Afghan soldier sentenced to death over French shootings
KABUL (Reuters) - A rogue Afghan soldier who killed four French soldiers in a January attack that prompted Paris to accelerate its troop withdrawal from Afghanistan has been sentenced to death, a defence ministry spokesman in Kabul said on Tuesday.
The soldier, Abdul Sabor, was sentenced to be hanged following a military court martial at Kabul's main Pul-i-Chakri prison, defence ministry deputy spokesman Brigadier General Dawlat Waziri told Reuters.
The ruling was open to appeal.
Human Rights Watch criticised the death penalty judgment and called on the French government to ask Afghan officials for it to be commuted.
The former French government, ousted in elections fought in part over French withdrawal plans, temporarily suspended training and support operations in Afghanistan after the four soldiers were killed in the attack in which 15 others were wounded while jogging at their base in the country's east.
New President Francois Hollande visited Afghanistan in May to defend his plan for accelerating France's withdrawal of its roughly 3,400 troops to the end of this year, breaking with NATO's timetable for withdrawal.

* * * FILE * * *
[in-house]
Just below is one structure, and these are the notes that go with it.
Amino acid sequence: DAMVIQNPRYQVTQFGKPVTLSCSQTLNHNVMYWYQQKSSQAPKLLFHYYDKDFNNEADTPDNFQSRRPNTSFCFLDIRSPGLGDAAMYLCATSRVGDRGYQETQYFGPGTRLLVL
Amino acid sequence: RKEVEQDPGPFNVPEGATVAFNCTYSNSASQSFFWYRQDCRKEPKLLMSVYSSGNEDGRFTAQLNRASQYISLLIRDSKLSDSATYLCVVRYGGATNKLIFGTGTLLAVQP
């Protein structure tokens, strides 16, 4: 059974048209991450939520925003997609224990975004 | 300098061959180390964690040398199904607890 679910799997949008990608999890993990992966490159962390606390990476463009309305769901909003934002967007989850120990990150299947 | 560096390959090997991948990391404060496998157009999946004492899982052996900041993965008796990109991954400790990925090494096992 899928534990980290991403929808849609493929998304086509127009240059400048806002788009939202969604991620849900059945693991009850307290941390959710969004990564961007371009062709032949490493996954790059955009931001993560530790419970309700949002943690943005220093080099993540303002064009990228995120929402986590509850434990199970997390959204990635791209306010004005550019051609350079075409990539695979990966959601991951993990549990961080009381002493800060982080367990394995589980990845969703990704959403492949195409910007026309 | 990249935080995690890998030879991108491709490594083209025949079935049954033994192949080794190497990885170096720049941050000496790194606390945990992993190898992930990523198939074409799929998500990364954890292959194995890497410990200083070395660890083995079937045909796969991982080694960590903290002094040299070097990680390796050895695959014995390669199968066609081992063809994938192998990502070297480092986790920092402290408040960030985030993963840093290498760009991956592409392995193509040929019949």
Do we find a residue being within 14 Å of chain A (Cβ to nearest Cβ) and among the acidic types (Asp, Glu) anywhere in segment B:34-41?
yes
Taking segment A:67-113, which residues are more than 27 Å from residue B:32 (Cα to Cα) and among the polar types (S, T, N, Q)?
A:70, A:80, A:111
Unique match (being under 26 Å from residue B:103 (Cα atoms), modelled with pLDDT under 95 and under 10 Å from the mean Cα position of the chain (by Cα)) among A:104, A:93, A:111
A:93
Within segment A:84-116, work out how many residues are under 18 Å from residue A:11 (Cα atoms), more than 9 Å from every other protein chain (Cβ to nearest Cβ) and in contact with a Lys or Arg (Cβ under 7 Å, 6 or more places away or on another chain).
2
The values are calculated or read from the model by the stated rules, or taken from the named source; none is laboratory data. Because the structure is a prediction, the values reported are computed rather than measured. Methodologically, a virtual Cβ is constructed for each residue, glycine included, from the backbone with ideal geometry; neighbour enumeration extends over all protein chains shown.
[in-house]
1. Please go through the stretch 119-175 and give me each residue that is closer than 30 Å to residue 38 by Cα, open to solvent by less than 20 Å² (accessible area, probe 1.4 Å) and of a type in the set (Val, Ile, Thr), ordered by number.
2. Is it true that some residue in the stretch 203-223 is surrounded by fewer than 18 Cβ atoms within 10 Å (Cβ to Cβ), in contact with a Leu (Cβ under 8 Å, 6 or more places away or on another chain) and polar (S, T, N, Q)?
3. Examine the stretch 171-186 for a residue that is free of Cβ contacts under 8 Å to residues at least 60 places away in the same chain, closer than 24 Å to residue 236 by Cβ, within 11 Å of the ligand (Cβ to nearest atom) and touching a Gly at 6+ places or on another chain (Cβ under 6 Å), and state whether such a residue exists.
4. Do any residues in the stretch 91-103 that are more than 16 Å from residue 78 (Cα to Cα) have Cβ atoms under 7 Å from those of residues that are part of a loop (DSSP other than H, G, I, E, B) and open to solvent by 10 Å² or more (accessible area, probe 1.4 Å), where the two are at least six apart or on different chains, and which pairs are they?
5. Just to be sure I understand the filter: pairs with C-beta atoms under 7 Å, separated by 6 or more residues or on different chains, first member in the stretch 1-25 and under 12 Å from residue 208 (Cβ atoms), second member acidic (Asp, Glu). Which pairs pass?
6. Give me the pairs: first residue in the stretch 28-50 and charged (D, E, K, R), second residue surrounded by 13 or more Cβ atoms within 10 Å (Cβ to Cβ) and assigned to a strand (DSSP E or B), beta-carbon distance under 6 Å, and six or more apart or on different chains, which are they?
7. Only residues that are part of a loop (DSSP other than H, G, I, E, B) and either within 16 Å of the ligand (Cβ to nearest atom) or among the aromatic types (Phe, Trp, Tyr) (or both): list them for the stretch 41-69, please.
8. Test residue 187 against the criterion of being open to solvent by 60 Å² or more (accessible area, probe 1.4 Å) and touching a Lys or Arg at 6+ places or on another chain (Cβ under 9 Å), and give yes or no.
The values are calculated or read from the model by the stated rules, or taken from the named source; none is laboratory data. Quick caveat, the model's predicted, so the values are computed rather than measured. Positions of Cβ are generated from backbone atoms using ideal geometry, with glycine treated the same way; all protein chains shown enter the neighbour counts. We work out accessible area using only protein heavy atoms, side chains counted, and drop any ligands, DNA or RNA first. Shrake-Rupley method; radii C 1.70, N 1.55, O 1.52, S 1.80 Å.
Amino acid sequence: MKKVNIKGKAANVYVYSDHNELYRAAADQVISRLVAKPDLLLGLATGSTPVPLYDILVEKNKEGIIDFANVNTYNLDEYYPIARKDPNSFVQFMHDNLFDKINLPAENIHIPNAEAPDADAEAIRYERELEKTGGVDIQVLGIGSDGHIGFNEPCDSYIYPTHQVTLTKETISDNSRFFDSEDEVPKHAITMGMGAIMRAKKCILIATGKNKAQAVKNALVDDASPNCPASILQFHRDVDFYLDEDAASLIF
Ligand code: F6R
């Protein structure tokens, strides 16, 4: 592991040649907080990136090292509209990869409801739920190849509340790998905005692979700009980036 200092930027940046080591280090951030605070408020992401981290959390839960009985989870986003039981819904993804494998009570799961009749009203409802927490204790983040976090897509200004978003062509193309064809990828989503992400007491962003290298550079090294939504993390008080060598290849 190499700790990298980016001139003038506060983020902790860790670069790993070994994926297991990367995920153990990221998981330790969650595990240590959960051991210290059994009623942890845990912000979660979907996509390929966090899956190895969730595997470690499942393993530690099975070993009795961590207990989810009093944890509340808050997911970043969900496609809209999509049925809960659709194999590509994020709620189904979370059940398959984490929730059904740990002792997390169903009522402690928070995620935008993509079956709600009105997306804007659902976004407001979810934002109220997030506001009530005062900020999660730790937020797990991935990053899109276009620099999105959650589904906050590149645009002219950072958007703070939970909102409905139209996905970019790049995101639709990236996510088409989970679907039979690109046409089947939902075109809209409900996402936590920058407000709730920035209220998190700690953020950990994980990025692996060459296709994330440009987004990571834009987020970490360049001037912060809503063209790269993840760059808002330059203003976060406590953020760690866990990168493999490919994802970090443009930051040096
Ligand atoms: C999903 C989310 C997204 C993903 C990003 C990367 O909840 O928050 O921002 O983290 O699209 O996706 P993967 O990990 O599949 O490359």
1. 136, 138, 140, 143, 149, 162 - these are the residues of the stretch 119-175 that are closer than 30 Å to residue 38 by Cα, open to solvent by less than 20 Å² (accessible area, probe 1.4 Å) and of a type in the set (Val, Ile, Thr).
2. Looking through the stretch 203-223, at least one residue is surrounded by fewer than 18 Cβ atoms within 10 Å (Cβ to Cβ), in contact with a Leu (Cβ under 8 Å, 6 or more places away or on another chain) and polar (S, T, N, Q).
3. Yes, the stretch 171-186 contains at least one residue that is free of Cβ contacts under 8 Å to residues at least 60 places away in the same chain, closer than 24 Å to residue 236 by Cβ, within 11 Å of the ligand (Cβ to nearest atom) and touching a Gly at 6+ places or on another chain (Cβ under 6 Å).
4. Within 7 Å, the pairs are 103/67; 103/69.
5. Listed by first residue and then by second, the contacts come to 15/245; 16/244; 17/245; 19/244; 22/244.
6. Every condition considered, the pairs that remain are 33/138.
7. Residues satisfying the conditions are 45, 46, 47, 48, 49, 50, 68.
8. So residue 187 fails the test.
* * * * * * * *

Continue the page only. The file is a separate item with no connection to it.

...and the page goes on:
Most foreign combat troops will pull out in 2014.
Afghan President Hamid Karzai said on Tuesday while his government wanted peace with insurgents, their atrocities would not be forgotten as part of reaching a truce.
"Those who are behind these acts and who are launching these attacks have to know that our call everyday for peace is because we want peace. But we will never forget their acts," he said in speech to police graduates.
Senior political figures have been targeted in a series of bombings over the past week which have left 24 dead.
"They have to know that for any murder, that for the martyrdom of any elder of this country, any lawmaker, any religious elder, any teacher and especially any child of Afghan soil, we remember and will never forget," Karzai said.
Violence in Afghanistan is at its fiercest since U.S.-led Afghan troops overthrew the Taliban government in 2001, and as foreign combat troops progressively hand over to Afghan security forces.
(Writing by Rob Taylor; Editing by Jeremy Laurence)
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